There’s nothing that better illustrates the sado-masochistic relationship between energy suppliers and their customers than Tariffs. They’ve evolved to be the whip that utilities deploy to beat their users into “correcting” their behaviour. That form of correction may be trying to limit the total amount of energy you use, or changing when you use it. But there’s a clear message coming through – energy suppliers want to be in control of the relationship.
It’s a concept that consumers have a problem with. Survey after survey reports the message that consumers don’t understand tariffs. They don’t even understand the word. And regulators are often less than happy with multiple or complex tariffs, because they’re aware how much they confuse people. That was highlighted in the UK earlier this year when the regulator OFGEM took the paddle to the utilities to persuade them to reduce the hundreds of tariffs in the UK to a few simple ones. But that doesn’t stop utilities fantasising about a future where they can run riot with tariffs. The most extreme example is now being constructed in the UK as part of the British smart metering specifications. These allow a level of complexity that makes the most diabolic tortures devised by the Inquisition look simple. Fighting the consumer interest corner is our Energy regulator – OFGEM, which is about to give up on persuasion and start meting out some punishment itself.
There are some valid reasons for considering complex tariffs, but these need to include consumer engagement as a fundamental feature of their development. What is happening instead, particularly in theUK, is that tariffing structures are being developed as a technical exercise. They are now so complex that they threaten the interoperability, cost and usability of the British smart metering roll-out, setting smart metering up to be the next major UK Government IT disaster.
Over the last few years I’ve been involved in designing products and digital services that attempt to change consumer energy behaviour through education and nudges. I’ve also been involved in specification groups which are designing the capability for smart meters to support incredibly complex tariff structures. There is precious little coming together of minds between these two groups. The first is customer centric, helping people to learn and change. The latter is totally technical, driven in many cases by competing industry members trying to demonstrate that they can add more features than their competitors – essentially little different to a competition of little boys seeing how high they can piss up the wall. Unfortunately this latter approach plays to the mentality of most utilities. They are naturally risk averse, and when confronted by a new paradigm, prefer a complex specification which they can use as a tick box list to compare suppliers, rather than the less measurable approach of trying to engage with customers. That’s not surprising – they’ve been pilloried for their incompetence in consumer engagement for the last decade. Their natural reaction to that is to grasp an option that lets them mandate and use force, rather than attempt to engage with customers and potentially fail again.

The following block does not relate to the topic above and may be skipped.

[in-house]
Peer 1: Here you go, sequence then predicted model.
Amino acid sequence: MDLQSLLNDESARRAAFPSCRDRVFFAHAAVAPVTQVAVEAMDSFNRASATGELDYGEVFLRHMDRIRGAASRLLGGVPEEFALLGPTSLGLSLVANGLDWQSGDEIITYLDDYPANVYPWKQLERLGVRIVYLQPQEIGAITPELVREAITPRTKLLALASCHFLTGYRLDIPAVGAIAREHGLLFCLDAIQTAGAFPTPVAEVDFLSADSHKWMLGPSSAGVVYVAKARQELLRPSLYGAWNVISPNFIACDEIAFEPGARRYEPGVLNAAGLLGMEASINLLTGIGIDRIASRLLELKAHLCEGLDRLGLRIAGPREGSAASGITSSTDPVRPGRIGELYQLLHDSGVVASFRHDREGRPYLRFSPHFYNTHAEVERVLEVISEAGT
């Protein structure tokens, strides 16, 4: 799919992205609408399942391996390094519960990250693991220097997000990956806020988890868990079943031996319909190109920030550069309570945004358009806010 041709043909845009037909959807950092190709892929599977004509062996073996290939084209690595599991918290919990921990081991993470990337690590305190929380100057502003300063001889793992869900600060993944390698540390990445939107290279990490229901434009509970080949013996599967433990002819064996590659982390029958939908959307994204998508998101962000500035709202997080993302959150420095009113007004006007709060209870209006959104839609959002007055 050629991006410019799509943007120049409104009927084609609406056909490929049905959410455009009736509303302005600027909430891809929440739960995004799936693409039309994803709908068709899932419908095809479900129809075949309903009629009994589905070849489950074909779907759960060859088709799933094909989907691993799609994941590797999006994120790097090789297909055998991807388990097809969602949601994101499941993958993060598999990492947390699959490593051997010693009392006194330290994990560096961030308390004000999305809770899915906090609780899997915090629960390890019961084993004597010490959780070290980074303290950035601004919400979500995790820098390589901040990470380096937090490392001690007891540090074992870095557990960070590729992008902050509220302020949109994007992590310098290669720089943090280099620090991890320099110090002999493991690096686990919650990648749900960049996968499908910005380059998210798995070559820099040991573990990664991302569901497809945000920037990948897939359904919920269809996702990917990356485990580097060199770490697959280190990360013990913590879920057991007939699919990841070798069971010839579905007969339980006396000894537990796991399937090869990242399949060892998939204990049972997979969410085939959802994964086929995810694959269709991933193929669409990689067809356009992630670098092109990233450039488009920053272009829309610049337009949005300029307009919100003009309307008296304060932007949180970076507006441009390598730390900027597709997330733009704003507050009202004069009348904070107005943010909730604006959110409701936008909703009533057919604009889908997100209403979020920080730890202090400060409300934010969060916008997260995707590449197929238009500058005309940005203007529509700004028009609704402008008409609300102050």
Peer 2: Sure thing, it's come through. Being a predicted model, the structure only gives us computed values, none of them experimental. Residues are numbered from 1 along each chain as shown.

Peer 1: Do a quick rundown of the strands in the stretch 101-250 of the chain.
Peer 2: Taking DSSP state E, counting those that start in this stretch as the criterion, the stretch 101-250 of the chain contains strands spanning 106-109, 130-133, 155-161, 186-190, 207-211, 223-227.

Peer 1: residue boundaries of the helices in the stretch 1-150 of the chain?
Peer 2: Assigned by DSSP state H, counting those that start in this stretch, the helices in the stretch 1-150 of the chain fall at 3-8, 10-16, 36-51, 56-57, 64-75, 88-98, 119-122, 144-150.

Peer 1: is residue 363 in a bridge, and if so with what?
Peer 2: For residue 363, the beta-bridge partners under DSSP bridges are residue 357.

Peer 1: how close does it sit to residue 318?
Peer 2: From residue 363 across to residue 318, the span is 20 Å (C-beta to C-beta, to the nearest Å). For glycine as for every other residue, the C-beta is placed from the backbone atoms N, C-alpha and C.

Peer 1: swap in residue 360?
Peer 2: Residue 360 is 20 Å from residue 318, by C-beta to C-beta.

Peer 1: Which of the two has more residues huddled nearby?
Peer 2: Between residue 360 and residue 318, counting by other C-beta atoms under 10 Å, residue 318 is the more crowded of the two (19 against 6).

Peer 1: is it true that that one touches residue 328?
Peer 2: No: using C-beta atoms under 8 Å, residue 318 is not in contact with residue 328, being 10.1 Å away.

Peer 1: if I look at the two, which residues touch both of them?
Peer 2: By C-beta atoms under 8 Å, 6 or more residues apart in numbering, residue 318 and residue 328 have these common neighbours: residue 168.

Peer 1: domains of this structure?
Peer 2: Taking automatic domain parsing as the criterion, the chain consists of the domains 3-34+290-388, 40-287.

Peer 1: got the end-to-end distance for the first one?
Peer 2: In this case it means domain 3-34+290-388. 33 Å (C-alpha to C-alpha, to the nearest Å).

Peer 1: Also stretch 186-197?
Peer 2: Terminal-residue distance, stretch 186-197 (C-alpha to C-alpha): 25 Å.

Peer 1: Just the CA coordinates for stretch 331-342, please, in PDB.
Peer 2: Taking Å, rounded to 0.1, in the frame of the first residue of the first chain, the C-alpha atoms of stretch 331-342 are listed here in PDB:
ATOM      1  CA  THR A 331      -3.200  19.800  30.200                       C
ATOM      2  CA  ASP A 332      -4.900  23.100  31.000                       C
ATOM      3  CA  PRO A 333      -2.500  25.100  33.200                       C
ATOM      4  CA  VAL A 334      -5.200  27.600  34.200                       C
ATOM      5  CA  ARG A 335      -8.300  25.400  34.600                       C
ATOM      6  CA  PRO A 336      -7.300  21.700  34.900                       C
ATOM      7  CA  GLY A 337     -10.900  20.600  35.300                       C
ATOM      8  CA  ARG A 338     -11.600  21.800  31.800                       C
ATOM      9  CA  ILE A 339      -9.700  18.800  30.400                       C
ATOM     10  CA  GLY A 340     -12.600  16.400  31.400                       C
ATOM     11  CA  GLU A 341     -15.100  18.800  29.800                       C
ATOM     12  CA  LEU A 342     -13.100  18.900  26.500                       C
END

There is little attempt to find a middle ground. That has a real risk, as the technical solution is gathering momentum. It is now so complex that I fear it will not work, which will waste tens of billions of pounds in an abortive smart metering deployment. The one spark of hope is OFGEM’s current consultation on the retail market, which is calling for a cap to tariff complexity. But even if they succeed in that, the technical complexity of the current specification will make it hard to engage consumers.
I’ve written this white paper both to explain the current complexity of the tariffing schemes, and also to highlight the conflict between the technical and the inclusive approach. TheUKis at the front of the charge for complexity. Unless it is challenged, others will follow, potentially damaging smart metering and preventing its real benefits from being realised.
I believe that it is important to reconsider how we are going to achieve the necessary level of consumer change, and the price we might be paying by mandating complexity. Please read it and let me have your comments.